Book Review 8/42: Jeff in Venice, Death in Varanasi (or “Am I shallow for wanting ‘plot’? Why yes, yes I am.”)

So I have a list of 42 books I am supposed to read before (“buying others” – yeah, good luck with that).

And I absolutely have not read two Jack Reacher novels in the midst of this. Absolutely not.

Now it is over to book 8, (there’s no particular order, btw).

It is a 2009 effort by Geoff (not Jeff) Dyer. Liked his sympathetic critique of John Berger, back in the day and met him at a book signing – affable, clearly smart.

This book, two novellas about “Jeff Atman” come across as if Clive James and Jay McInerney (early, ‘Less than Zero’ McInerney had got together to do a pastiche/homage/whatever about, well, Thomas Mann, post-modernism, whatever, and then had Gilbert Adair add a few apercus.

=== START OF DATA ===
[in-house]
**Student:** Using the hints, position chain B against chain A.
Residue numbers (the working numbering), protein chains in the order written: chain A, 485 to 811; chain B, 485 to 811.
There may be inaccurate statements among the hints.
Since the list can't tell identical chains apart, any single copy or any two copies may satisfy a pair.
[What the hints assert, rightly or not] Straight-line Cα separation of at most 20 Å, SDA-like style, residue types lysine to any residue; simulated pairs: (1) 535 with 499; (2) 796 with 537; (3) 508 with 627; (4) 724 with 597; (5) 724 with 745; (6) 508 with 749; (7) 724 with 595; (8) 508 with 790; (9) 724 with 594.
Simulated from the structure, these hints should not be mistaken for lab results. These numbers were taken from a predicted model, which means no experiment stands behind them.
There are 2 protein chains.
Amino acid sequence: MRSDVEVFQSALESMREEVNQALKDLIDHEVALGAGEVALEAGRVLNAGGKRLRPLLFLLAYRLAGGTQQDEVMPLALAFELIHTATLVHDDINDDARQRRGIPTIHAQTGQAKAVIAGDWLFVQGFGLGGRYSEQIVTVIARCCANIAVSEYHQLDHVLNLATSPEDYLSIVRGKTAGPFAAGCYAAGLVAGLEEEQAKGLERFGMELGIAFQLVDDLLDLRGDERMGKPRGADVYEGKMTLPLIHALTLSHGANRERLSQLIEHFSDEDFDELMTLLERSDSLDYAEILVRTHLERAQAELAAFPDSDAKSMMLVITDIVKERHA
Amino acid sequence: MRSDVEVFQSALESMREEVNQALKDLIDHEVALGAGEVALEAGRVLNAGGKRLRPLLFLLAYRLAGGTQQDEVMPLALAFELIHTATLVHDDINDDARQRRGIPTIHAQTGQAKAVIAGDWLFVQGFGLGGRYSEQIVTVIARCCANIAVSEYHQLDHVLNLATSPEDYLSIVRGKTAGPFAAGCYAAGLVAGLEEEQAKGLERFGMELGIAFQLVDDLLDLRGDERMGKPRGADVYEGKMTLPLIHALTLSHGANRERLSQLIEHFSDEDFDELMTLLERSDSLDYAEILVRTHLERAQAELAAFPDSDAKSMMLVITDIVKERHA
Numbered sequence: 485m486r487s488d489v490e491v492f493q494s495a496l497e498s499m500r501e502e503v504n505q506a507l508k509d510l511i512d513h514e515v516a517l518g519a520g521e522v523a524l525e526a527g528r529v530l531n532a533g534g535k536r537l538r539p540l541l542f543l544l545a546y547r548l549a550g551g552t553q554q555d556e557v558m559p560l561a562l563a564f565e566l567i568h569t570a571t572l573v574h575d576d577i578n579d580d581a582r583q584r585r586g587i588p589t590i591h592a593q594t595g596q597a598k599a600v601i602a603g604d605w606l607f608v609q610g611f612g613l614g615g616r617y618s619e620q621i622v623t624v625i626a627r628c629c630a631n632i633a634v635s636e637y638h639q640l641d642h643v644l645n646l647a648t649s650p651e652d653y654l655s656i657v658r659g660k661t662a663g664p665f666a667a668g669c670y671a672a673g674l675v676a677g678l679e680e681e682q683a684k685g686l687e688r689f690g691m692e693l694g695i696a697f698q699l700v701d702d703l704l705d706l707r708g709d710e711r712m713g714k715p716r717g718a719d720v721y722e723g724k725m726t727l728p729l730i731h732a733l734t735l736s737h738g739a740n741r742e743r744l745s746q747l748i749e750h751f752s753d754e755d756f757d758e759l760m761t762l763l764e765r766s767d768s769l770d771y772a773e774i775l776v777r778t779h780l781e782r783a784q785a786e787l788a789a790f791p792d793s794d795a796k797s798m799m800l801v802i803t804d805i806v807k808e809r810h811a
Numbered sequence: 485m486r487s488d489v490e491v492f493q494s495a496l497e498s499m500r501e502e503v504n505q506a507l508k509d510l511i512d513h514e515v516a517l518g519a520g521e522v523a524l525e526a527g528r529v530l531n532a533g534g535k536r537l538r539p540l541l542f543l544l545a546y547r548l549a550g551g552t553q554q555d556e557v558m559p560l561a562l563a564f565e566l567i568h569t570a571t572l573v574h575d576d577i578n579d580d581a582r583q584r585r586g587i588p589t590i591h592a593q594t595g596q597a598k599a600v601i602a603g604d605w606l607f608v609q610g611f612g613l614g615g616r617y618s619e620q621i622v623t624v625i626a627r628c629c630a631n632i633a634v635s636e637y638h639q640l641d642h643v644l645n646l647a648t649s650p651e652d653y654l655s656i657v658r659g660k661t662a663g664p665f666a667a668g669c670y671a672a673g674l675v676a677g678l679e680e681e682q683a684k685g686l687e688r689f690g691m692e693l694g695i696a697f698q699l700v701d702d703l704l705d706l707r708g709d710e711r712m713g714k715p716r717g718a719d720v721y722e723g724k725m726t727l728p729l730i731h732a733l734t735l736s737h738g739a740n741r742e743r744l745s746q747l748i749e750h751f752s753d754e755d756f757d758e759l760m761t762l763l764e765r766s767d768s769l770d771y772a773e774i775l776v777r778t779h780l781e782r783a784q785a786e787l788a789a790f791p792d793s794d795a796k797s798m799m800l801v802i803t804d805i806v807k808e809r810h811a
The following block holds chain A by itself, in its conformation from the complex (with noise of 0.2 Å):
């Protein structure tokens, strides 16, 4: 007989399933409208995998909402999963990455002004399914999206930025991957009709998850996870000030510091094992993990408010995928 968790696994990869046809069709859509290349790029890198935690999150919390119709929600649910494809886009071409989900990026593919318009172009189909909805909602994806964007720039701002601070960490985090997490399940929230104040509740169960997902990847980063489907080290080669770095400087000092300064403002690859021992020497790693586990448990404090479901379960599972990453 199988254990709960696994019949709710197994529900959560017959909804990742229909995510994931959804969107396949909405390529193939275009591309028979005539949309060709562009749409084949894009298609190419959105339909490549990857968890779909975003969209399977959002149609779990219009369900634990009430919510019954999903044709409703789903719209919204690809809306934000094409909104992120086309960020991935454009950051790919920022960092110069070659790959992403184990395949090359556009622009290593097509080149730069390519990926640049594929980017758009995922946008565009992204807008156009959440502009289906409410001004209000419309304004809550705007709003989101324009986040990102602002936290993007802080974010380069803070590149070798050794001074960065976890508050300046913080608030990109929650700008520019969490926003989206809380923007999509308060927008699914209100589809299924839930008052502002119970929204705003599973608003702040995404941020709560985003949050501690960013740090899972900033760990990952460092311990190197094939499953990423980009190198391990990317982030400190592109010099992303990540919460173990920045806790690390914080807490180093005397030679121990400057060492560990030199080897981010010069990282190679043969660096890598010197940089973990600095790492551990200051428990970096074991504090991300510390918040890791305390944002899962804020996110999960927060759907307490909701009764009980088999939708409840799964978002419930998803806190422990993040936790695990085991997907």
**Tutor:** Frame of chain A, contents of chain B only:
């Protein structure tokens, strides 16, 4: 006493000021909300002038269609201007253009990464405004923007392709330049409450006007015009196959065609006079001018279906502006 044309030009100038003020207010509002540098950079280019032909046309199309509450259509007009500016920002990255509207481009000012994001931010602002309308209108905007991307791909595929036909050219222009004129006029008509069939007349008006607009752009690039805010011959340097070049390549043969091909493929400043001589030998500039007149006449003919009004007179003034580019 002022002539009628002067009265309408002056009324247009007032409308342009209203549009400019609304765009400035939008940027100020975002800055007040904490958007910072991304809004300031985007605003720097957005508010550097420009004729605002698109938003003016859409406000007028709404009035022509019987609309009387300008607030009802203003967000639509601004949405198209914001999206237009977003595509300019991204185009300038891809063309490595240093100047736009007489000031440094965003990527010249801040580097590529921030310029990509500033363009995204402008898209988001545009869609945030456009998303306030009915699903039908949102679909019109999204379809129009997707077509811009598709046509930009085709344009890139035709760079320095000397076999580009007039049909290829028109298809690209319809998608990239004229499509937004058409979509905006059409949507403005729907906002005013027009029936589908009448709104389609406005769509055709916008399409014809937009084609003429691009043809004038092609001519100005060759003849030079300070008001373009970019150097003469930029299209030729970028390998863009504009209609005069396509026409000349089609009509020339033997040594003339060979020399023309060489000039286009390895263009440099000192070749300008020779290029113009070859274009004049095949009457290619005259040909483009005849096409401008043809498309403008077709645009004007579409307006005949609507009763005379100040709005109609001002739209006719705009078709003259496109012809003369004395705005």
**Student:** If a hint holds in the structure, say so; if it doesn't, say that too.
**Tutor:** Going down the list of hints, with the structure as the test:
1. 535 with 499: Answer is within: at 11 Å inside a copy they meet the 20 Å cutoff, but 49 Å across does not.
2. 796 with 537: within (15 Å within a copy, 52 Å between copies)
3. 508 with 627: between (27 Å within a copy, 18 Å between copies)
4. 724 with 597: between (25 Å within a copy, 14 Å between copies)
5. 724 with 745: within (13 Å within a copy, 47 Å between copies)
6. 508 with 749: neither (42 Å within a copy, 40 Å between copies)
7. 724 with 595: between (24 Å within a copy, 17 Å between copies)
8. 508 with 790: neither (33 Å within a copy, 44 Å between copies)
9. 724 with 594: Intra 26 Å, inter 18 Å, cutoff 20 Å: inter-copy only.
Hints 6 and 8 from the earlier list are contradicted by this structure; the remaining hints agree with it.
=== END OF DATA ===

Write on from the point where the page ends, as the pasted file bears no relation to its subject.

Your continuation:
So, if you like that sort of thing, you’ll like this. If you don’t, you, er, won’t.

Atman (not Dyer – definitely not Dyer) is an art/travel hack who gets to go to the Biennale and think about how he hates writing about art poseurs, while being an art poseur. And loathing himself for knowing this. There’s cocaine, sex, pretension, architecture, the curtain is thoroughly pulled back. Tick tick tick.

Then he goes to India, where all good pomo novels go to (not) die. And stays there, specifically in Benares/Varanasi. And Nothing Happens. Repeatedly. Except it does. Sort Of.

Look, I am being unkind, and possibly unfair. This is extremely well-written, well-observed, funny when it means to be, serious when it means to be.

Am I shallow for wanting more of a plot (not car chases and explosions, just, plot). Why yes, yes I am. There is however, a most definite sense of an ending here, sure….

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